1. The main ground which has been argued in this appeal is that the judgment of the lower Appellate Court is wrong in law, inasmuch as it is based on materials which were not evidence and which have been improperly admitted. It is not necessary to go, with detail, into the various points on which the judgment of the learned Judicial Commissioner is attacked. It is sufficient to point out one or two instances which are the grounds for the order which I propose to make. It appears from the judgment itself that certain books which were described as text-books, namely, Robinson's Land Tenure Reports, Cotton's Memorandum of Land Tenures in Bengal and Webster's Report on the Land Tenure of Chota Nagpur, were referred to, and, (so far as 1 understand the judgment) relied on by the learned Judicial Commissioner. These books were referred to by him after the case was closed and the parties had no opportunity of dealing with the matters therein mentioned. Assuming (as to which 1 say nothing) that these reports would have been evidence; the Judicial Commissioner states that he delayed giving judgment in the case, as he had been endeavouring to obtain books of acknowledged authority in relation to the Land Tenures Which' were the subject of discussion in the judgment until he could obtain them from Calcutta. I may refer in this, connection to what was said in Vallabha v. Madusudanan .
2. Then in the judgment he refer(1889) I.L.R. 12 Mad. 495s to the Porahat settlement and to the Settlement Officer's report in connection with that settlement, though that settlement report was not in evidence or referred to by the parties.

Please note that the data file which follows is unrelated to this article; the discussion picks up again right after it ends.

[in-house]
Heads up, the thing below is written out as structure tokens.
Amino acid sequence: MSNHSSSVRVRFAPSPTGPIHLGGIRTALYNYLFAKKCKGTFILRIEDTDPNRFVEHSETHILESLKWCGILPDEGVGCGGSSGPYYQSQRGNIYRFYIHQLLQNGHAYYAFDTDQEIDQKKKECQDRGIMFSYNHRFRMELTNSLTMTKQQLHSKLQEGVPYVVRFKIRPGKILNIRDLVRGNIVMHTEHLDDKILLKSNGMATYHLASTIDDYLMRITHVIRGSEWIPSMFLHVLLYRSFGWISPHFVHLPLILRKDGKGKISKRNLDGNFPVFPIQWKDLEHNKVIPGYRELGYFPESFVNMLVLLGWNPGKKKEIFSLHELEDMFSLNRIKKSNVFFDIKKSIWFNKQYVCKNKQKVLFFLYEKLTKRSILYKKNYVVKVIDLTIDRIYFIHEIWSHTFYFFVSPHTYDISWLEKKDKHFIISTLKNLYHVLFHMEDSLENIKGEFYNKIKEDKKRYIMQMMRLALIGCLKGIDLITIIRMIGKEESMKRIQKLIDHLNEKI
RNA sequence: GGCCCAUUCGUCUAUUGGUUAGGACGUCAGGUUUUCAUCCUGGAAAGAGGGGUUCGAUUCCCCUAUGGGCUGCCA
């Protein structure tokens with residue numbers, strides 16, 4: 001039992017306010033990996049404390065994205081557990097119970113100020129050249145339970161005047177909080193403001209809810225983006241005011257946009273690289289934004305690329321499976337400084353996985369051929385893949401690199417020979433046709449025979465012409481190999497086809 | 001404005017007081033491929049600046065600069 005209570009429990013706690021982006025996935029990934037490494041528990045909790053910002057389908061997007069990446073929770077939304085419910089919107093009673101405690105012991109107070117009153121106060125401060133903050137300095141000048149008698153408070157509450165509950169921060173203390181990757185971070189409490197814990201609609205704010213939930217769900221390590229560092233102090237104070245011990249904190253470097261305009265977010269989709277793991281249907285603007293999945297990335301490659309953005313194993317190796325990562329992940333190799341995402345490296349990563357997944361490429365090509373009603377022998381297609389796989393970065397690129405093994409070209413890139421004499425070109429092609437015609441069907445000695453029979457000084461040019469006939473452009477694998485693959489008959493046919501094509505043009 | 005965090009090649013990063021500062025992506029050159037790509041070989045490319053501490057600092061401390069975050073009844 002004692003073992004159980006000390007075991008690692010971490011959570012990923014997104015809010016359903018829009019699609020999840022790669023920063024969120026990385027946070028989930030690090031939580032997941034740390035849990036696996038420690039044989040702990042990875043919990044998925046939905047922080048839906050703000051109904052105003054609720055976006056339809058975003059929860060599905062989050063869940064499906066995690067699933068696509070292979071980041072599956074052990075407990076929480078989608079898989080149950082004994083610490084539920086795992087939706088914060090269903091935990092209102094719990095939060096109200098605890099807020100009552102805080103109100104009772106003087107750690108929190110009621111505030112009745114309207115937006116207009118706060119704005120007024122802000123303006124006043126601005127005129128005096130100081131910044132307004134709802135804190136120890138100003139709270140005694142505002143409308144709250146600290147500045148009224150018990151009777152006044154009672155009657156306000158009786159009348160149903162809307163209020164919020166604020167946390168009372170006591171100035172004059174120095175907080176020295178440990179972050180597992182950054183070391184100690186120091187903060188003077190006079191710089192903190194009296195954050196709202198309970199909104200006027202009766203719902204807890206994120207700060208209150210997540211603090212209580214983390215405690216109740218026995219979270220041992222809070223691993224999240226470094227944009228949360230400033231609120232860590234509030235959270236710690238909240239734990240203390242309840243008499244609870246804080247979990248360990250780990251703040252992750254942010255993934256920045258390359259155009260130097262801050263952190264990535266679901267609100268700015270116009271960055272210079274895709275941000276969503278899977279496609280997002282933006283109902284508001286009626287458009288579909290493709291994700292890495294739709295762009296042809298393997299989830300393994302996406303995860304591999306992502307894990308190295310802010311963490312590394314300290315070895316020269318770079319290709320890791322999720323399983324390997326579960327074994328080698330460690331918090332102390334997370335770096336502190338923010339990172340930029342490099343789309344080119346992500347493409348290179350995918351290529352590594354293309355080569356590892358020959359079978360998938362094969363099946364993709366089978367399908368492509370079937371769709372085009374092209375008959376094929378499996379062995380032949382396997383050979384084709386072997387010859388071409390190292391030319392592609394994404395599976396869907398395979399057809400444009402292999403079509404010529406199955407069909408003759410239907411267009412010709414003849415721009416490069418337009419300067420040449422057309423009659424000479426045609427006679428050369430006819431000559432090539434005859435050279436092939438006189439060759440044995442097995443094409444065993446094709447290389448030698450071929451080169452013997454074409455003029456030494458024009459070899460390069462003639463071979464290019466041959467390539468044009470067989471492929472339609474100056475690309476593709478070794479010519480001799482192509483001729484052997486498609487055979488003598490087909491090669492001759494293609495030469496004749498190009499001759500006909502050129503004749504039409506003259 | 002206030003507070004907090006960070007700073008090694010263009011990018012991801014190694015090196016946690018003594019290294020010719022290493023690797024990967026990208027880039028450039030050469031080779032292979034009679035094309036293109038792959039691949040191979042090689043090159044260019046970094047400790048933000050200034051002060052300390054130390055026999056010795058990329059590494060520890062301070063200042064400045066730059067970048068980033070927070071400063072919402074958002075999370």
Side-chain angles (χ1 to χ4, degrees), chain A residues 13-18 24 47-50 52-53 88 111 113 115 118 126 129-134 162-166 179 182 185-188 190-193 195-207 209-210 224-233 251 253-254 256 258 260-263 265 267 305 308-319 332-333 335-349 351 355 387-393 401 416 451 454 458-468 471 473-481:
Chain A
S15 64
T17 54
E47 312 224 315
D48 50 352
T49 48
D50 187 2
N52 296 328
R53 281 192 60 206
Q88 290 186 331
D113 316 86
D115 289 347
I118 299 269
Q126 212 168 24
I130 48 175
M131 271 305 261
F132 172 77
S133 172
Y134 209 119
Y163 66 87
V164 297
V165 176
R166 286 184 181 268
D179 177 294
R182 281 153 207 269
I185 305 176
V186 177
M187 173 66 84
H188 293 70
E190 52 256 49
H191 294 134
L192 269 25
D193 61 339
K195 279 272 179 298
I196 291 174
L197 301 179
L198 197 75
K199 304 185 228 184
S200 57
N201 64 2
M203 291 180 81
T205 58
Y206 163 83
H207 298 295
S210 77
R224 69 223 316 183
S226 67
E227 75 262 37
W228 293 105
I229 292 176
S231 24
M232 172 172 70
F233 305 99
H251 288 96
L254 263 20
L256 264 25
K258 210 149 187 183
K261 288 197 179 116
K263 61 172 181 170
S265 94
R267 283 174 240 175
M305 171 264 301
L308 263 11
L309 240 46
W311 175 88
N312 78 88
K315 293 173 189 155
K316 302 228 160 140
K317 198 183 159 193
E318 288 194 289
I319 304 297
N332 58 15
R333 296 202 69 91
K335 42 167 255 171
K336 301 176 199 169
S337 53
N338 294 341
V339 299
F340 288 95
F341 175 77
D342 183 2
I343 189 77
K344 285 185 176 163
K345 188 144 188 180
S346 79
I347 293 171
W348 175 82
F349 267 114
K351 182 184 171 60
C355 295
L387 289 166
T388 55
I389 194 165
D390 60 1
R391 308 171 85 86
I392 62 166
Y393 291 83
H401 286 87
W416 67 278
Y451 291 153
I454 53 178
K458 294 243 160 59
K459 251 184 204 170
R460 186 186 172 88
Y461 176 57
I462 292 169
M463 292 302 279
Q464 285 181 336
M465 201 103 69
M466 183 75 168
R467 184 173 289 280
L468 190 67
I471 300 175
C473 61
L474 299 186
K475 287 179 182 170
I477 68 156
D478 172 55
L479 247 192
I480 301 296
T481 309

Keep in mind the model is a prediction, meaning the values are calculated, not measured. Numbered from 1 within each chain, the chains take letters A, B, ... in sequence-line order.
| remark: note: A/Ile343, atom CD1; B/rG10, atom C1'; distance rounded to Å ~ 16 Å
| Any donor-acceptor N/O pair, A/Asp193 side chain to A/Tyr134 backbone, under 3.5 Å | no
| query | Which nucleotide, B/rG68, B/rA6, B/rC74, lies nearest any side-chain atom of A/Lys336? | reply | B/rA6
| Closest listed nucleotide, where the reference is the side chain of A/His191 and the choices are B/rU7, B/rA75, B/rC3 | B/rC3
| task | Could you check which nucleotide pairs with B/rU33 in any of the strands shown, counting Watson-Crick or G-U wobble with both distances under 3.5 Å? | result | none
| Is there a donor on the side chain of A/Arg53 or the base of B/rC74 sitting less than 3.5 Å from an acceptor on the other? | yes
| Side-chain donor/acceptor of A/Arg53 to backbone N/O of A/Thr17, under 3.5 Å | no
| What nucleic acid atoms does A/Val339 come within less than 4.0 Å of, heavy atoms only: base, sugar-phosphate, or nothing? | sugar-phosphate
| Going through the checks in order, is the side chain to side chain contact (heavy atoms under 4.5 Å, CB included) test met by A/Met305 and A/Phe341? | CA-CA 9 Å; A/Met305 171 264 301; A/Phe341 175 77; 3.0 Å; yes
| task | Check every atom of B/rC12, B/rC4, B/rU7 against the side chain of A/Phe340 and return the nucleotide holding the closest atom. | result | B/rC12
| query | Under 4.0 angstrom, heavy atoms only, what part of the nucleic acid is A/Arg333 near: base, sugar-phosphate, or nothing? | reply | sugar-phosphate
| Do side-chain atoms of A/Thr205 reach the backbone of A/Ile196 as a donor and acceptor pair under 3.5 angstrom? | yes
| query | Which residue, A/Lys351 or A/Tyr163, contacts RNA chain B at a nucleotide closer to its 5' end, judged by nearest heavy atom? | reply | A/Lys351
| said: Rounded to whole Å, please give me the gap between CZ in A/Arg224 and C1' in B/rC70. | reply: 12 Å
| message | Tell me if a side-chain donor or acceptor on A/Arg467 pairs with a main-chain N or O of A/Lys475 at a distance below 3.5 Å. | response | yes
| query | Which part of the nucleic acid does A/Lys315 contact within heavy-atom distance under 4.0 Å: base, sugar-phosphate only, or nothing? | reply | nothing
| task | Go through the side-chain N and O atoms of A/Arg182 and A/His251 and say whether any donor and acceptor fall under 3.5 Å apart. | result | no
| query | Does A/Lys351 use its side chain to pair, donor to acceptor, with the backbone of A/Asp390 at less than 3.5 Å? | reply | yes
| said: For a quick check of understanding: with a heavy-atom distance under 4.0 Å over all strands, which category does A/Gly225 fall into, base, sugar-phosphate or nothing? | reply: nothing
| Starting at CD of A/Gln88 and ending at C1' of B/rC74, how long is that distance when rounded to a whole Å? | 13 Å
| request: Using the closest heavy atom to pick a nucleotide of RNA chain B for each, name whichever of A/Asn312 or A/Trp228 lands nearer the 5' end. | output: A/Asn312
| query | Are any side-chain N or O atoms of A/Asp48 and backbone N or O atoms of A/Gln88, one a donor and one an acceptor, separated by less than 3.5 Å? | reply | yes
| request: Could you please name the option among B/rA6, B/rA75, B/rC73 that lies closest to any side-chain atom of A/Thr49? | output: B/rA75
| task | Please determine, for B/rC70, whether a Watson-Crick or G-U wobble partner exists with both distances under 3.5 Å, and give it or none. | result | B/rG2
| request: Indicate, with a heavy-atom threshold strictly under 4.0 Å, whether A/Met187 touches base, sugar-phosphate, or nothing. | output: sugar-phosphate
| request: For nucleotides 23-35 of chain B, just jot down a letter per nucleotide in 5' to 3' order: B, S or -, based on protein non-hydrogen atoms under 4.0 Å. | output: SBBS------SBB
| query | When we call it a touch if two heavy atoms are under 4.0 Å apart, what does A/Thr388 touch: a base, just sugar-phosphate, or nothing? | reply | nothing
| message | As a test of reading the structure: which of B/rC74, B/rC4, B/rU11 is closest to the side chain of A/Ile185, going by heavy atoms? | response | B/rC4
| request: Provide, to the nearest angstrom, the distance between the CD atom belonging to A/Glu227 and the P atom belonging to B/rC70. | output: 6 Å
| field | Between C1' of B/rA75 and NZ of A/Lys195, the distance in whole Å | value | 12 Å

3. Then, there are other matters which appear to have been relied upon, for which there is no evidence and in respect of which the learned Judicial Commissioner appears to have relied upon his own personal knowledge. It is stated, for instance' in the judgment, 'that in some cases it is believed that landlords have for some years been deliberately inducing ignorant tenants to sign documents describing themselves as temporary lessees, ticadars or ijaradars, with the object of evicting them from their hereditary tenancies when it is thought advisable.' There appears to be no evidence in support of this statement. There are other passages upon which reliance has been placed in this connection.
4. I am of opinion, Therefore, that the decree of the lower Appellate Court must be set aside and the case remanded to the Judicial Commissioner for a re-hearing in accordance with law and upon such evidence as the law allows.
5. The costs will abide the result of the hearing of the appeal on remand.
5. I agree.